Below is a piece run in the Campus Review yesterday, reprinted here with their permission.
02 Aug 10 by John Ross
There’s more danger than hope in this month’s election, according to the peak postgraduate body.
There are two big dangers on August 21, according to the Council of Australian Postgraduate Associations (CAPA).
One is that Labor could win the election, and continue to implement its reforms at a snail’s pace.
The other is that the Coalition could win and slow the reform process even further – maybe stop it completely.
CAPA’s assessment follows its review of the outcomes of 20 higher education and research-related inquiries conducted since early 2008.
These reviews yielded over 300 findings relevant to postgraduate students, CAPA found, with the government so far responding to less than a third of them.
National president Tammi Jonas stressed that CAPA didn’t back any particular party. But she said the best-case scenario for CAPA was a returned ALP government with the Greens holding balance of power “to help push for faster reform”.
“If they hold the balance we will see the student services and amenities fee finally go through, for example. That would be extremely welcome to students across the country.”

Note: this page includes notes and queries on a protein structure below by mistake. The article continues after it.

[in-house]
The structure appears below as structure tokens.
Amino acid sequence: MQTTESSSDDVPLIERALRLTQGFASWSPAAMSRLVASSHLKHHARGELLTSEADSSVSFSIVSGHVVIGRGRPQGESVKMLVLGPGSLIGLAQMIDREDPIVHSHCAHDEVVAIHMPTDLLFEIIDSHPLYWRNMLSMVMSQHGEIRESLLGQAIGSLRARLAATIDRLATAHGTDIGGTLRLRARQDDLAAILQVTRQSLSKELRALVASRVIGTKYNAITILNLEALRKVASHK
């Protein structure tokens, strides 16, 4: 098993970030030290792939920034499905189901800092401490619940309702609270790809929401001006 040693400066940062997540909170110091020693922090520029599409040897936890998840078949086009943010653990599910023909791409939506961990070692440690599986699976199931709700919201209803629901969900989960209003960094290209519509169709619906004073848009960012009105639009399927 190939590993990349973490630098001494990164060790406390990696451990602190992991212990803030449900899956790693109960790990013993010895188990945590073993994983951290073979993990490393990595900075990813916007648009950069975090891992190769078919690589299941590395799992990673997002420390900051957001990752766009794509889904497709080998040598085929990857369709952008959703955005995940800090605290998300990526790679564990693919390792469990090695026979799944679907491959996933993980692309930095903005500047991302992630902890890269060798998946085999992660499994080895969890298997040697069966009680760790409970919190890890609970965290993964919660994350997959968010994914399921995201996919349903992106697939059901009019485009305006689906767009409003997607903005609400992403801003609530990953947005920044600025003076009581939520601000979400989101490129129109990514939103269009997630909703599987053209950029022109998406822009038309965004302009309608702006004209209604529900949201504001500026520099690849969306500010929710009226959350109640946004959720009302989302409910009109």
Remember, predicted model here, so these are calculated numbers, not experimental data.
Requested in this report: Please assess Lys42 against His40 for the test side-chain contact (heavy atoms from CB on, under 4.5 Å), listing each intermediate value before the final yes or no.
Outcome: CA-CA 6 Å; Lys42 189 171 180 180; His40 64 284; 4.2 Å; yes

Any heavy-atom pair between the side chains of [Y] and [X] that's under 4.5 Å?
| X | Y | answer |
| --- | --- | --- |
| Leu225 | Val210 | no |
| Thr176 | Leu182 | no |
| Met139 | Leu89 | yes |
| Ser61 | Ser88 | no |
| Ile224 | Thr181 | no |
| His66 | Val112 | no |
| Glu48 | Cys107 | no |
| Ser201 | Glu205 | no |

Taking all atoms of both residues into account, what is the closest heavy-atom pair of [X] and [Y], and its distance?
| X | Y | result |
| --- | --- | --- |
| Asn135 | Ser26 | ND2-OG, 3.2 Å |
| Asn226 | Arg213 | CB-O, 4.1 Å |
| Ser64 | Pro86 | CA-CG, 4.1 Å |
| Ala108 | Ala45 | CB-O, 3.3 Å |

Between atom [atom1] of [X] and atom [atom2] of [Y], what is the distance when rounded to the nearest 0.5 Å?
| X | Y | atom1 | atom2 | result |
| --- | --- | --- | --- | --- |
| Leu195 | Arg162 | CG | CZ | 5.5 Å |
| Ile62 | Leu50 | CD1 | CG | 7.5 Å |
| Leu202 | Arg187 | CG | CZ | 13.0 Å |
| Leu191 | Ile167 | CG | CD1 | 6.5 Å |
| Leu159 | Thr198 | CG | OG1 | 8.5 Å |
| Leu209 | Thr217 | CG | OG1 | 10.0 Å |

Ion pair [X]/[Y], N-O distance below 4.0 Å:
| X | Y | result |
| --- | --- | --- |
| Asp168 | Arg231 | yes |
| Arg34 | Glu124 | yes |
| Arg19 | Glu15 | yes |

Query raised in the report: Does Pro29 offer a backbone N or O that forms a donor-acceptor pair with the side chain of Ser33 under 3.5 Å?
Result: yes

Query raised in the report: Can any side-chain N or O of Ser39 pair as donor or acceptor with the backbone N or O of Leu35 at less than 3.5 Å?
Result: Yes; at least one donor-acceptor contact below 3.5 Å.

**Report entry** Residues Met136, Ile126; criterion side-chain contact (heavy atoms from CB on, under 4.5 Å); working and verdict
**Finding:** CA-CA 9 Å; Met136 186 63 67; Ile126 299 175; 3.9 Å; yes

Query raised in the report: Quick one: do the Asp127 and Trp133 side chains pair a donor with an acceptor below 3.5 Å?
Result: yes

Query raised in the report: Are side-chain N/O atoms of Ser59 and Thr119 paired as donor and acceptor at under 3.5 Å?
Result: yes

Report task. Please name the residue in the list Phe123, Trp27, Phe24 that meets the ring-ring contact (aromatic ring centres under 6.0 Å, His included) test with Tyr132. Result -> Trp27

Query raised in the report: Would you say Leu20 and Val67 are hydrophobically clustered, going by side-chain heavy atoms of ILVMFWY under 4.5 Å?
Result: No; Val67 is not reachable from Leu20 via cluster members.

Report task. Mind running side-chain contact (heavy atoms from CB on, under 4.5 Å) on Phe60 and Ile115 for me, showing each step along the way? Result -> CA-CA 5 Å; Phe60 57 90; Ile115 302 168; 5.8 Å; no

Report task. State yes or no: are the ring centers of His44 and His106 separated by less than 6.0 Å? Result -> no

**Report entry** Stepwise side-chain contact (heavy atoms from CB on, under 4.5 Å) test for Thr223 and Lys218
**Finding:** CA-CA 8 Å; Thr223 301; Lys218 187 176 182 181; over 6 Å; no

Jonas said a Labor government with Greens influence would also be more likely to commit funding to research workforce strategy recommendations, and to extend the duration of Australian Postgraduate Awards (APAs) to four years.
“It seems that the two major parties are unwilling to fund things,” Jonas said.
“We’re hopeful to see enough change in government to get the funding behind the will.”
Jonas said CAPA’s worst-case scenario would be a Liberal win with the Coalition holding the balance of power.
“Then not only wouldn’t we see the student services and amenities fee go through. We’d see a complete dismissal of the importance of higher education in Australia as we saw under Howard – an anti-intellectual climate that doesn’t value a knowledge economy.”
She said the “middle ground” scenario would be “a government that looks very similar to what we have now”.
Such a government would “continue at a pretty slow pace, but at least with some goodwill to start to improve what has been in decline for 15 years”.
CAPA said postgraduates had won some major reforms to scholarships and income support in 2008 and 2009, with the number of APAs doubling between 2008 and 2012 while they attracted better indexation and a 10 per cent increase in payment rates.
All masters by coursework students will also gain access to income support by 2012.
But CAPA said unfinished business for postgraduates included further reforms to scholarships and income support, implementation of a national research workforce strategy, new quality arrangements, evolution of the “third phase” of international education and research, and better student services and advocacy.